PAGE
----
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Let $f(x,y) = \begin{cases} \frac{xy}{(x^2+y^2)^a}, & \text{if $(x,y)\neq (0,0)$ } \\[2ex] 0, & \text{if $(x,y)= (0,0)$} \end{cases}$

Then which one of the following is TRUE for $f$ at the point $(0,0)$?

(A) For $a=1$, $f$ is continuous but not differentiable.

(B) For $a=\frac 12$, $f$ is continuous and differentiable.

(C) For $a=\frac 14$, $f$ is continuous and differentiable.

(D) For $a=\frac 34$, $f$ is neither continuous nor differentiable

My attempt:

(A) For $a=1$ $f(x,y) = \begin{cases} \frac{xy}{(x^2+y^2)}, & \text{if $(x,y)\neq (0,0)$ } \\[2ex] 0, & \text{if $(x,y)= (0,0)$} \end{cases}$

is not continuous at $(0,0)$ as if we put $y=mx$ then $f(x,mx) = \begin{cases} \frac{m}{(1+m^2)}, & \text{if $x\neq 0$ } \\[2ex] 0, & \text{if $x= 0$} \end{cases}$

not continuous at $0$. So, (A) is not true.

(B) For $a=\frac 12$ $f(x,y) = \begin{cases} \frac{xy}{(x^2+y^2)^{\frac 12}}, & \text{if $(x,y)\neq (0,0)$ } \\[2ex] 0, & \text{if $(x,y)= (0,0)$} \end{cases}$

is not differentiable at $(0,0)$ as $\frac {f(h,k)-f(0,0)}{\sqrt{h^2+k^2}}= \frac{hk}{(h^2+k^2)}$ where $(h,k) \to (0,0)$ if we put $k=mh$ then

$f(h,mh) =\frac{m}{(1+m^2)} \neq (0,0) $

Hence, $f$ is not differentiable at $(0,0)$. So, (B) is not true.

(C) For $a=\frac 14$ $f(x,y) = \begin{cases} \frac{xy}{(x^2+y^2)^{\frac 14}}, & \text{if $(x,y)\neq (0,0)$ } \\[2ex] 0, & \text{if $(x,y)= (0,0)$} \end{cases}$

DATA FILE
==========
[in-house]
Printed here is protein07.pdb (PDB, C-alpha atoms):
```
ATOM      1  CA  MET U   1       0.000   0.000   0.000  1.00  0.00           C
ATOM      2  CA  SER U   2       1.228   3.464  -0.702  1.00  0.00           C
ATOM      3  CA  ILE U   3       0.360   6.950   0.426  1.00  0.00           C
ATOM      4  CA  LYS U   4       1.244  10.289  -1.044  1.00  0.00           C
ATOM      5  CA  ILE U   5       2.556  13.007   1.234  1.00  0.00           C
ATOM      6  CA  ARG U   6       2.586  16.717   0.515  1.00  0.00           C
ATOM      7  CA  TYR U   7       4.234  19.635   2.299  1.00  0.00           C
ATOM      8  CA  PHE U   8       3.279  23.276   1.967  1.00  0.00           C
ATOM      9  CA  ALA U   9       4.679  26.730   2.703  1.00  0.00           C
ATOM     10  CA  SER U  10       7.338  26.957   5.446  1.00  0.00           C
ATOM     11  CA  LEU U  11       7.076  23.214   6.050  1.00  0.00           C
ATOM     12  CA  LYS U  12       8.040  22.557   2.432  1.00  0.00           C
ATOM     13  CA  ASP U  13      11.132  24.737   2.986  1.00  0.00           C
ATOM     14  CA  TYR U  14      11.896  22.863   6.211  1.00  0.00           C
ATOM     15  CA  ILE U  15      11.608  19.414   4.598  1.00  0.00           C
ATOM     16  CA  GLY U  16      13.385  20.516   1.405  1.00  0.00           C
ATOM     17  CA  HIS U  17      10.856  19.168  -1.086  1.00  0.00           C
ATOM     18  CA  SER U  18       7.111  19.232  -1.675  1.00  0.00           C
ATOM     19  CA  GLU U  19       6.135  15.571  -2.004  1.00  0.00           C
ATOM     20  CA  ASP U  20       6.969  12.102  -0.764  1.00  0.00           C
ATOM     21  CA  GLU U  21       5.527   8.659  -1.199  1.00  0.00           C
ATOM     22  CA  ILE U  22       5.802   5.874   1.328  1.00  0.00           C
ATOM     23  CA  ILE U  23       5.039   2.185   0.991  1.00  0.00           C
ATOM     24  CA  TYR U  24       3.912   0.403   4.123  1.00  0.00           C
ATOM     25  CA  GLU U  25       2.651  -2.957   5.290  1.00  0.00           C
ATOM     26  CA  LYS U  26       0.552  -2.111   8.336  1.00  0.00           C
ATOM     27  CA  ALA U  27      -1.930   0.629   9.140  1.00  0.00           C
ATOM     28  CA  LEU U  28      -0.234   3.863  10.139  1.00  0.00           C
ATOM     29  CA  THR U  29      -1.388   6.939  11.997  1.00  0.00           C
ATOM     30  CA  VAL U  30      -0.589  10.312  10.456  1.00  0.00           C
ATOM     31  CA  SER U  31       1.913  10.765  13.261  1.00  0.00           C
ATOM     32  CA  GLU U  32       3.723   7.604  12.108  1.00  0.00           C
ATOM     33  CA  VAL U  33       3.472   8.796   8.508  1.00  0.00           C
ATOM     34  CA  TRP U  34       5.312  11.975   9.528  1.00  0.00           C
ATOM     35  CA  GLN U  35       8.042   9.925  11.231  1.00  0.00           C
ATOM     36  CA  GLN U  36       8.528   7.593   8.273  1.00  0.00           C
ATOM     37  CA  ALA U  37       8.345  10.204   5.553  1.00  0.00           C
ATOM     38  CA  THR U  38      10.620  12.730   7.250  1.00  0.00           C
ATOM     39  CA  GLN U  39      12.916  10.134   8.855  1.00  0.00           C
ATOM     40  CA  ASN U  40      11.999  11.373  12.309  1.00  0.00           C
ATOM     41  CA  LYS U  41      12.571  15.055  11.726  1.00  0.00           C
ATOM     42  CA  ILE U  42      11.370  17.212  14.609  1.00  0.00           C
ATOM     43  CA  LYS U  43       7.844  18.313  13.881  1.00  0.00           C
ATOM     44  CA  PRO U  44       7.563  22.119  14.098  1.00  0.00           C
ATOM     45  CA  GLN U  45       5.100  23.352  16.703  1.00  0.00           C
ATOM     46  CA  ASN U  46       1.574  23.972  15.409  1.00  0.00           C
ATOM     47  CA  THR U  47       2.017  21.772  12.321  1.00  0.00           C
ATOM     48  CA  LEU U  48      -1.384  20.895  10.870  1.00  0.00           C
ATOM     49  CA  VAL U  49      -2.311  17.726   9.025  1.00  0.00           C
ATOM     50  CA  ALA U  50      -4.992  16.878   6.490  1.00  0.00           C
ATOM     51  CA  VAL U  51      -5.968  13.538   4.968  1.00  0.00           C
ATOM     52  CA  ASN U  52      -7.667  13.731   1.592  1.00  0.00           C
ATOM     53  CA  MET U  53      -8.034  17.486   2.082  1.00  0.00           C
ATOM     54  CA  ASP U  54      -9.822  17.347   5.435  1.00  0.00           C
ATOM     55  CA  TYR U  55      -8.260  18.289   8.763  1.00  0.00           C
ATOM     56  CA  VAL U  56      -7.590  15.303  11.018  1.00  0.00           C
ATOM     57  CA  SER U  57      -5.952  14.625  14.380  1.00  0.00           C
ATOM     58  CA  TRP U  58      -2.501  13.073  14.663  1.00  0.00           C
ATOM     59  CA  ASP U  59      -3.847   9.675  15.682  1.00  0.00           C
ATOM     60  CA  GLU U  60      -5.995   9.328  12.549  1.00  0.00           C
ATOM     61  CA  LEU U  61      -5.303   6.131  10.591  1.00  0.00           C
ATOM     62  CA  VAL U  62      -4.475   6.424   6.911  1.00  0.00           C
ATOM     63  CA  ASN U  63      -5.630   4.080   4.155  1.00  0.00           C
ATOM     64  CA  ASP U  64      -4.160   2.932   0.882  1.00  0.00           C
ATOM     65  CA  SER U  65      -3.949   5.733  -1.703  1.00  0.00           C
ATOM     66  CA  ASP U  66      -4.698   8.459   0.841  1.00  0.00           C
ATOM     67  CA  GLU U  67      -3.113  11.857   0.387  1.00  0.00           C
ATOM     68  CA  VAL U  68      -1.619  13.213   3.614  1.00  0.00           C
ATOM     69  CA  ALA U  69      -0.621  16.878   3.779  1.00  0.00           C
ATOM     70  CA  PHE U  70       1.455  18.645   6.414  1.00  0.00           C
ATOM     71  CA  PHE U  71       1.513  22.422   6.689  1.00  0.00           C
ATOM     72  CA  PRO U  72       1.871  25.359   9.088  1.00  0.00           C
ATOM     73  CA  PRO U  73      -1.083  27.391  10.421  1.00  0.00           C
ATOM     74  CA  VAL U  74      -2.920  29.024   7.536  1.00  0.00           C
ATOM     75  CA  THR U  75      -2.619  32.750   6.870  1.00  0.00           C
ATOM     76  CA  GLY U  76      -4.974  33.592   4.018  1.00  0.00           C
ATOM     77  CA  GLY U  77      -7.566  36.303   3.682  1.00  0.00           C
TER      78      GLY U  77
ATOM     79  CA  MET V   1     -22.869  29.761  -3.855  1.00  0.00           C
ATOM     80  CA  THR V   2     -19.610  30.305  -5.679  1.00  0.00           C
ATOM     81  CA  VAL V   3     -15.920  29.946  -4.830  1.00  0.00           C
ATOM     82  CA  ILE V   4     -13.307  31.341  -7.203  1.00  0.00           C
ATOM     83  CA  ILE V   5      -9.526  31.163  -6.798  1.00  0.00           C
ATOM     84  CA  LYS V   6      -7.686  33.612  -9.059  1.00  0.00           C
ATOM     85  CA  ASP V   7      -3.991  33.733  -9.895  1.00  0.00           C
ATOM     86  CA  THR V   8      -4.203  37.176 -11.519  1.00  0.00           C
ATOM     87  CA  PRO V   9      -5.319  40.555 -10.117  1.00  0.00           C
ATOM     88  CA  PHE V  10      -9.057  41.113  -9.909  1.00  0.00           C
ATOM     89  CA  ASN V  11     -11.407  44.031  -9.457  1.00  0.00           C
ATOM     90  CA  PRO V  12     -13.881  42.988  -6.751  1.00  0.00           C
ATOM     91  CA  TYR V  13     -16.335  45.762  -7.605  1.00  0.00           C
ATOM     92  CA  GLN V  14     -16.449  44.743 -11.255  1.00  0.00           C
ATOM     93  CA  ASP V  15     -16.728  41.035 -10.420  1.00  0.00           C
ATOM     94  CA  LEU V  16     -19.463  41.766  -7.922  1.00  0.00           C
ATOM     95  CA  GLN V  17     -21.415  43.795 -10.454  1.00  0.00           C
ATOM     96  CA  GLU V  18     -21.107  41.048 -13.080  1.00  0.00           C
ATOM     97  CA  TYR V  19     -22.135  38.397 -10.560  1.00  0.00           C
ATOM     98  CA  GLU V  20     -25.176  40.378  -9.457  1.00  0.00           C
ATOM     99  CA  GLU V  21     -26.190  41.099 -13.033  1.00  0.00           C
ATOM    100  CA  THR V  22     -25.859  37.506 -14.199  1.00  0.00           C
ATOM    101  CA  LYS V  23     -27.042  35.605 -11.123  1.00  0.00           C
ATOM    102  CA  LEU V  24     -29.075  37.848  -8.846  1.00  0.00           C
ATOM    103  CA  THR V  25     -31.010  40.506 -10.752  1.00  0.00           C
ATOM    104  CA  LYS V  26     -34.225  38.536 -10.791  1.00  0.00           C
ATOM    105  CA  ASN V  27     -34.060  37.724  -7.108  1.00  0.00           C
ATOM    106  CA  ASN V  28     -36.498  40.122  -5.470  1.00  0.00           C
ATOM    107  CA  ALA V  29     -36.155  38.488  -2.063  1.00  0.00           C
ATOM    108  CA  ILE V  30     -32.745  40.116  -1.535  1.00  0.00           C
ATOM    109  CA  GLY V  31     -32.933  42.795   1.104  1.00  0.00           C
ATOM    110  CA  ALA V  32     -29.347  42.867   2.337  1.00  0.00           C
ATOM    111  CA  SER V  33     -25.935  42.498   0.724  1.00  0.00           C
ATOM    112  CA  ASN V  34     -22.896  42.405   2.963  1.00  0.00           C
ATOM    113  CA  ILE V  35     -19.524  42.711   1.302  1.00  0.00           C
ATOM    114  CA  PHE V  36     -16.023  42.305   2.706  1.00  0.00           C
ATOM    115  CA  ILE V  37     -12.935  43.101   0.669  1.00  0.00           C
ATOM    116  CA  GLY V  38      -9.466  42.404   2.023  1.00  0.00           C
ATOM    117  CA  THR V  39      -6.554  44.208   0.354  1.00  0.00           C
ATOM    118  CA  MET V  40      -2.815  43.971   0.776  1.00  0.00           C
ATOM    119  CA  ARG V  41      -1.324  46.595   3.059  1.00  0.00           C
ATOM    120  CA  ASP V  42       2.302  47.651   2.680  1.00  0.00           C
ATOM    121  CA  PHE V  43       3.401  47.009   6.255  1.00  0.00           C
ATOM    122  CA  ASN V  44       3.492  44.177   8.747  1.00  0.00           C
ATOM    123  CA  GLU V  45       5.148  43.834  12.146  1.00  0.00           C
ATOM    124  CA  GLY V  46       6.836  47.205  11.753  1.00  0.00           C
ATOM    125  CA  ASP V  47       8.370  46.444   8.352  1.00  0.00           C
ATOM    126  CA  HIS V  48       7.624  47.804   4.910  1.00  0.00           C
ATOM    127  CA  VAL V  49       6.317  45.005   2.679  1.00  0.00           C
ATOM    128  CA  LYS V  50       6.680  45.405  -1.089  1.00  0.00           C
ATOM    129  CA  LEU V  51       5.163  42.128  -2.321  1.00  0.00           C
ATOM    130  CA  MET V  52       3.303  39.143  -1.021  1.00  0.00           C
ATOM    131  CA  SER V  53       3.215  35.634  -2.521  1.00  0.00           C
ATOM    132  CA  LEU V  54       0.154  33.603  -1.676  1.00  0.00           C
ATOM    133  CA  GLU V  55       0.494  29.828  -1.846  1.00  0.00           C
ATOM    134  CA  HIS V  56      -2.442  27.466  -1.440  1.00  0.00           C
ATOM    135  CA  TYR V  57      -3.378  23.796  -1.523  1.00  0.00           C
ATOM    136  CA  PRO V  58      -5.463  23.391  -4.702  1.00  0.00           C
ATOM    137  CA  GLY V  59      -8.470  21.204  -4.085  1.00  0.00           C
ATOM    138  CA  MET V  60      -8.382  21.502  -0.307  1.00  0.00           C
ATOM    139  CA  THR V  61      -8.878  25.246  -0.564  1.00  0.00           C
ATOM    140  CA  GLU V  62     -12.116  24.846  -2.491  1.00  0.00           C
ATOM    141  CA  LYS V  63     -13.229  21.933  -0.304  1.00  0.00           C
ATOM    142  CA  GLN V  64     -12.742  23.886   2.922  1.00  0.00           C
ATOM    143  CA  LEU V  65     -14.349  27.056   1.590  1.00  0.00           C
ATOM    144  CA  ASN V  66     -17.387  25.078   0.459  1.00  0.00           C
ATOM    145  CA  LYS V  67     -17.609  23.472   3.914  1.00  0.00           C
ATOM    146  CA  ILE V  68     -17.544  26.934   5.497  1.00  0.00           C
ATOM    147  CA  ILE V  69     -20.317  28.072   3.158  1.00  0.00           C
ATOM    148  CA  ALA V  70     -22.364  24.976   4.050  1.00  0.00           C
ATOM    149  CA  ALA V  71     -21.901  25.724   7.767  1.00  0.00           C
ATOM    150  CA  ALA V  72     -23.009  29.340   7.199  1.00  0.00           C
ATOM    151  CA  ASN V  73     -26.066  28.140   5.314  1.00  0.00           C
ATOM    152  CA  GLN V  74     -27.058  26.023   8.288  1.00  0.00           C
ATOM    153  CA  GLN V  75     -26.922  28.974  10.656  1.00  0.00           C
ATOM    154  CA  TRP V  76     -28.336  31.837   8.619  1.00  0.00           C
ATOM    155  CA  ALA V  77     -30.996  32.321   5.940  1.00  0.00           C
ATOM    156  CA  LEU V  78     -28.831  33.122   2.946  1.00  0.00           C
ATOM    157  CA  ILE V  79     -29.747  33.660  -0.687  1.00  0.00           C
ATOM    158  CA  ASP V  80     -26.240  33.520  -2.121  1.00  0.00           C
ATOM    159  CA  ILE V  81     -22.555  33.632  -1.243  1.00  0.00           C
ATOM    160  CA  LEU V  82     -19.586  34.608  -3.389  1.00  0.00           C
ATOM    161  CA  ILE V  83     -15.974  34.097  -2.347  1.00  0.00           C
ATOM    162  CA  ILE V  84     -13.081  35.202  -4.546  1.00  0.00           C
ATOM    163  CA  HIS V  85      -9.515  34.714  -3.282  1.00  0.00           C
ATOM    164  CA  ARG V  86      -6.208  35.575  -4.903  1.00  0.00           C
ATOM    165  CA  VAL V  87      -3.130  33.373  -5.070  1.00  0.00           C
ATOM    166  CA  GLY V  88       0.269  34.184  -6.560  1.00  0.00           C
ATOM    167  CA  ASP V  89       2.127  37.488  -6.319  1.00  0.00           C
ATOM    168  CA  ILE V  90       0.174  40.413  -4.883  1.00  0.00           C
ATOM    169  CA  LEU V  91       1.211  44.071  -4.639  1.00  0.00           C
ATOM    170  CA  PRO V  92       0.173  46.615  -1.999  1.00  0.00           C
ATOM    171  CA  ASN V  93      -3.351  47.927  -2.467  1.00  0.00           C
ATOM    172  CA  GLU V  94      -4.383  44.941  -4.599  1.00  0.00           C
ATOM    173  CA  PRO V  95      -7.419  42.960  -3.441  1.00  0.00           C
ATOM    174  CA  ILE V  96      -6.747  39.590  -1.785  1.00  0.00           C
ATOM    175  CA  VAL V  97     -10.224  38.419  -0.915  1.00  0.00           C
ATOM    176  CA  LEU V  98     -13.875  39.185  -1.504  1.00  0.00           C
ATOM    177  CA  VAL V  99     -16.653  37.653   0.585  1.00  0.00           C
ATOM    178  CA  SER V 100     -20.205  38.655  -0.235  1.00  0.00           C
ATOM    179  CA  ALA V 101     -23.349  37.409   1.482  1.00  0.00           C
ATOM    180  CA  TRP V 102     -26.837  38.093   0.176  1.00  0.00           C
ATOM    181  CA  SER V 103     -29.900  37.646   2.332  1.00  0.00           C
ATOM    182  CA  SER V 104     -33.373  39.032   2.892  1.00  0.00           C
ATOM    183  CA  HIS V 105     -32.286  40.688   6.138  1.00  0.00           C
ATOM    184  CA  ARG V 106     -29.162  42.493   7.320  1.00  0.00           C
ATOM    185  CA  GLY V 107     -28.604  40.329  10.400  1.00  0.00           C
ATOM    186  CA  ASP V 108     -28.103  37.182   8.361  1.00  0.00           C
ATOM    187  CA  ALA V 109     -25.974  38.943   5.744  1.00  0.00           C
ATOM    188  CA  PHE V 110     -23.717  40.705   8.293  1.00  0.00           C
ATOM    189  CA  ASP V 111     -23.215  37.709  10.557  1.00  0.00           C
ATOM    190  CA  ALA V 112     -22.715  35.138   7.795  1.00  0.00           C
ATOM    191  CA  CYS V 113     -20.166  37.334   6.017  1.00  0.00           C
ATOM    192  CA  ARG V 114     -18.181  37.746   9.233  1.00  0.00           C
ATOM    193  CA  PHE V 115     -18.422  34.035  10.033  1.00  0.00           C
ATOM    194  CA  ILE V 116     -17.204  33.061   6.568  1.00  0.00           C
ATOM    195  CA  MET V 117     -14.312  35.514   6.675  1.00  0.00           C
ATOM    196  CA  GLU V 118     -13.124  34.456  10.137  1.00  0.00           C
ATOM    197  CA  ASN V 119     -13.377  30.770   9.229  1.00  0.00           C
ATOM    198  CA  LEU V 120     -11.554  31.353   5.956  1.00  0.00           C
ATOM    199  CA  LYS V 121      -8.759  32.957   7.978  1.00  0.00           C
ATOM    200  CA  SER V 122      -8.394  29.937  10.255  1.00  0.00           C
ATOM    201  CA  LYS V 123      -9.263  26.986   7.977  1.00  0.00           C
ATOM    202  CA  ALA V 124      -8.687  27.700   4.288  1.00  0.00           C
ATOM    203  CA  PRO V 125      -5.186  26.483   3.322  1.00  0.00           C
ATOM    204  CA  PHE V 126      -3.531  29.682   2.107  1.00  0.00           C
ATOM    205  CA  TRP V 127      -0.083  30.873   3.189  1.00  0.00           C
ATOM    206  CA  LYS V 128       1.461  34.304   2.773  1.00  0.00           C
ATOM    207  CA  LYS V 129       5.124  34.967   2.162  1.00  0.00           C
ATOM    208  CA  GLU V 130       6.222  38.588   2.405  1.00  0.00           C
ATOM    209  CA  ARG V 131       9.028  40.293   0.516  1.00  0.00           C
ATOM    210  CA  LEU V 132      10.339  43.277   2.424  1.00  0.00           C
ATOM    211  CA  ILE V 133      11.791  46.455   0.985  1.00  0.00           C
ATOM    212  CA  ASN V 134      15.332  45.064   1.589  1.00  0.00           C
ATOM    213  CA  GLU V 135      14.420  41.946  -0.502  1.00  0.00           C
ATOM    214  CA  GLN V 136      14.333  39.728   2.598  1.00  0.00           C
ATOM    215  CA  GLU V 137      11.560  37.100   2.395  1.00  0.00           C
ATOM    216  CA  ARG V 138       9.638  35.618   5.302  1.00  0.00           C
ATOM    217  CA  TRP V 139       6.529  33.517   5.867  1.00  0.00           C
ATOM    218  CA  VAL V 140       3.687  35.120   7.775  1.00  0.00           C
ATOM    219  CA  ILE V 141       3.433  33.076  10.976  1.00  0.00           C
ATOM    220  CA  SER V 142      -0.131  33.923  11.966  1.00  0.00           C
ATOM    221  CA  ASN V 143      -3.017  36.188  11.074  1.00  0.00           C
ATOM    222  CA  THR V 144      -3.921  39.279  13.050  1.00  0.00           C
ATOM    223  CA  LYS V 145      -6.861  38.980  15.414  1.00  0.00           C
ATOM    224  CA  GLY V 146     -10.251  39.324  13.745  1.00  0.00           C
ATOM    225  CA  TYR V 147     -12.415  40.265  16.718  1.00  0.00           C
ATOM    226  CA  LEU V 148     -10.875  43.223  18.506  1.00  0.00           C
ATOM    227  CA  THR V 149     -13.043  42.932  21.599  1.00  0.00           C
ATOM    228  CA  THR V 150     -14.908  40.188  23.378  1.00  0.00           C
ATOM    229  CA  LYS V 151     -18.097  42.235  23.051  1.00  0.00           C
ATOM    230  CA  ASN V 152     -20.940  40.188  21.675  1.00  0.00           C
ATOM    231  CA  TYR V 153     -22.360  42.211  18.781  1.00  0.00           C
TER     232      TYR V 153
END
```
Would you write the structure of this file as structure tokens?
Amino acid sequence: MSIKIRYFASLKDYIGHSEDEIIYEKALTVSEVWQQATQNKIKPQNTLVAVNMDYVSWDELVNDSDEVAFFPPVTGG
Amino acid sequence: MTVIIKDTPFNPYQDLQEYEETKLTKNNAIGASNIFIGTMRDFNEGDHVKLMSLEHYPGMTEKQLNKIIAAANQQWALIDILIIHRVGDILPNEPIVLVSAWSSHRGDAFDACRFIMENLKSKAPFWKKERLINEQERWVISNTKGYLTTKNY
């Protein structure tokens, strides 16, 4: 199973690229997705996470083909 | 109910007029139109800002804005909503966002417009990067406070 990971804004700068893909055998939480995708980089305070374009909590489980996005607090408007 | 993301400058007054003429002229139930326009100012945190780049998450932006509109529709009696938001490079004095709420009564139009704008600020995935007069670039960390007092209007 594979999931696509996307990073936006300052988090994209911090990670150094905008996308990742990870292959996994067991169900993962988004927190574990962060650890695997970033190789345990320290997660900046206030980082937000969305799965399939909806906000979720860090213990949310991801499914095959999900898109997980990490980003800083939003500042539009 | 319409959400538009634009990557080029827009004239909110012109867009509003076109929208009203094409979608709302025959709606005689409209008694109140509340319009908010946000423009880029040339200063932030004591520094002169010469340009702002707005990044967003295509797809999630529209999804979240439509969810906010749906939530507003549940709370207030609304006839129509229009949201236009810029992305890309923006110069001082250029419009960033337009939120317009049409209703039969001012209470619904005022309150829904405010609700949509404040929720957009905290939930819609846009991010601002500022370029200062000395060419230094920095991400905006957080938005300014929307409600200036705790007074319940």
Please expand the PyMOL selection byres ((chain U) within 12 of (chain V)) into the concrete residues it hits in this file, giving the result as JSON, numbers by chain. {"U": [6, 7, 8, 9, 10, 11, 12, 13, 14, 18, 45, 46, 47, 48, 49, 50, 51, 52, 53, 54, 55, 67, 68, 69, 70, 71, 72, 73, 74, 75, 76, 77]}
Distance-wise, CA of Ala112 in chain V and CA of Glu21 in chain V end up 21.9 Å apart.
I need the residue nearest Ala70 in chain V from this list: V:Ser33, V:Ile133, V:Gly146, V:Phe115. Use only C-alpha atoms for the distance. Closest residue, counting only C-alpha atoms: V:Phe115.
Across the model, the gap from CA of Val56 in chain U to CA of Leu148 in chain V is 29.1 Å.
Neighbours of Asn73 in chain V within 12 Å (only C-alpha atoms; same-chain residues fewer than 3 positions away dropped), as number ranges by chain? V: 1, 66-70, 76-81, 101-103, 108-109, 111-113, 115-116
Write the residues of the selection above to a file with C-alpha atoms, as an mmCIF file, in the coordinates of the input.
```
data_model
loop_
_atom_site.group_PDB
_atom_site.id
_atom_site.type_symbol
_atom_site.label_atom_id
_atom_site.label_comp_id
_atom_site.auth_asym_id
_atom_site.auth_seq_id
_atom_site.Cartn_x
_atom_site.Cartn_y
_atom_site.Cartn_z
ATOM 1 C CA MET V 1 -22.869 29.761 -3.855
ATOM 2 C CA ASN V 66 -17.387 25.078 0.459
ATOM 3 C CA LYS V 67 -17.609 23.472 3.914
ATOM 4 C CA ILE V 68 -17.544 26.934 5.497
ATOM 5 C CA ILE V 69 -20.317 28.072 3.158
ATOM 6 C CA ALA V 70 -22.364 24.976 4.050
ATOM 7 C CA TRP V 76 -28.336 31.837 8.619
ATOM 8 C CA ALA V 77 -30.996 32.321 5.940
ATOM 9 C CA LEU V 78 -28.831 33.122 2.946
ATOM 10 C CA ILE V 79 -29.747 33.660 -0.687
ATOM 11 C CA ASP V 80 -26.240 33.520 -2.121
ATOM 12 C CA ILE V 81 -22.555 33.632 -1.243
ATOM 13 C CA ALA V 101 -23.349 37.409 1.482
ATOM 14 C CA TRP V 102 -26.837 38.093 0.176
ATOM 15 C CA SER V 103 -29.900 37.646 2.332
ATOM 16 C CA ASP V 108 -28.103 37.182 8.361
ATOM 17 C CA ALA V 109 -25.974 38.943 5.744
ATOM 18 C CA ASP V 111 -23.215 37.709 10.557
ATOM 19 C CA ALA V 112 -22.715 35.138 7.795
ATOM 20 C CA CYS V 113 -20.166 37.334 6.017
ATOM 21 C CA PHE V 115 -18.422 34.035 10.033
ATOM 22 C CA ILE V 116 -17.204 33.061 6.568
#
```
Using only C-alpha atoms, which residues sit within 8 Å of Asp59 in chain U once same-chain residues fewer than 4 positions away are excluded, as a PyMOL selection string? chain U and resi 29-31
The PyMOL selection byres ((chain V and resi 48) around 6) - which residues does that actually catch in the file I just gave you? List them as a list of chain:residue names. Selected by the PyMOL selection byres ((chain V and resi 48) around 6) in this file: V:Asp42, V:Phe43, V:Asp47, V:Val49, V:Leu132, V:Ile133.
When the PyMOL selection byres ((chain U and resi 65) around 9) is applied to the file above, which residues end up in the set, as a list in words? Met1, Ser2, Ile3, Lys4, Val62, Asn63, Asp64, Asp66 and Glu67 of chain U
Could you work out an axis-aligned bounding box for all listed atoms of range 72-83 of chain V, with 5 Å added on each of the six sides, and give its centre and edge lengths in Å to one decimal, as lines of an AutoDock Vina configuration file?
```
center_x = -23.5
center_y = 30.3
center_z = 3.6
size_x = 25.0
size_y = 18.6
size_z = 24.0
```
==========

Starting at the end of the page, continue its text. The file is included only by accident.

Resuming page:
Then, $f(x,y) =\frac{x\sqrt y}{(\frac{x^2}{y^2}+1)^{\frac 14}}$ Can we prove continuity of $f$ from here?

Observe, $f$ is differentiable at $(0,0)$ as $\frac {f(h,k)-f(0,0)}{\sqrt{h^2+k^2}}= \frac{hk}{(h^2+k^2)^\frac 34}=\frac{h}{(\frac{h^2}{k^{4/3}}+k^{2/3})^{\frac 34}} \to (0,0)$ where $(h,k) \to (0,0)$. So we can directly say that $f$ is differentiable and hence is continuous.

(D) For $a=\frac 34$ $f(x,y) = \begin{cases} \frac{xy}{(x^2+y^2)^{\frac 34}}, & \text{if $(x,y)\neq (0,0)$ } \\[2ex] 0, & \text{if $(x,y)= (0,0)$} \end{cases}$

From the observation of (C) we get $f$ is continuous at $(0,0)$ so (D) is also false.

So, my basic question is although we know that (C) will be the correct option can we prove $f$ is continuous directly there? See the highlighted portion of part (C) under My attempt section.

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Recall that $$|xy|\leq \frac{(x^2+y^2)}{2}$$ and so $$\frac{|xy|}{(x^2+y^2)^{1/4}}\leq \frac{(x^2+y^2)^{3/4}}{2}\to 0$$ as $(x,y)\to (0,0).$ Hence you have continuity at $(0,0).$

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For $a=\frac 1 4$ the derivative exist and is $0$: by definition of derivative this means $ \frac {xy} {(x^{2}+y^{2})^{3/4}} \to 0$ which follows easily from the fact that $2|xy | \leq x^{2}+y^{2}$.

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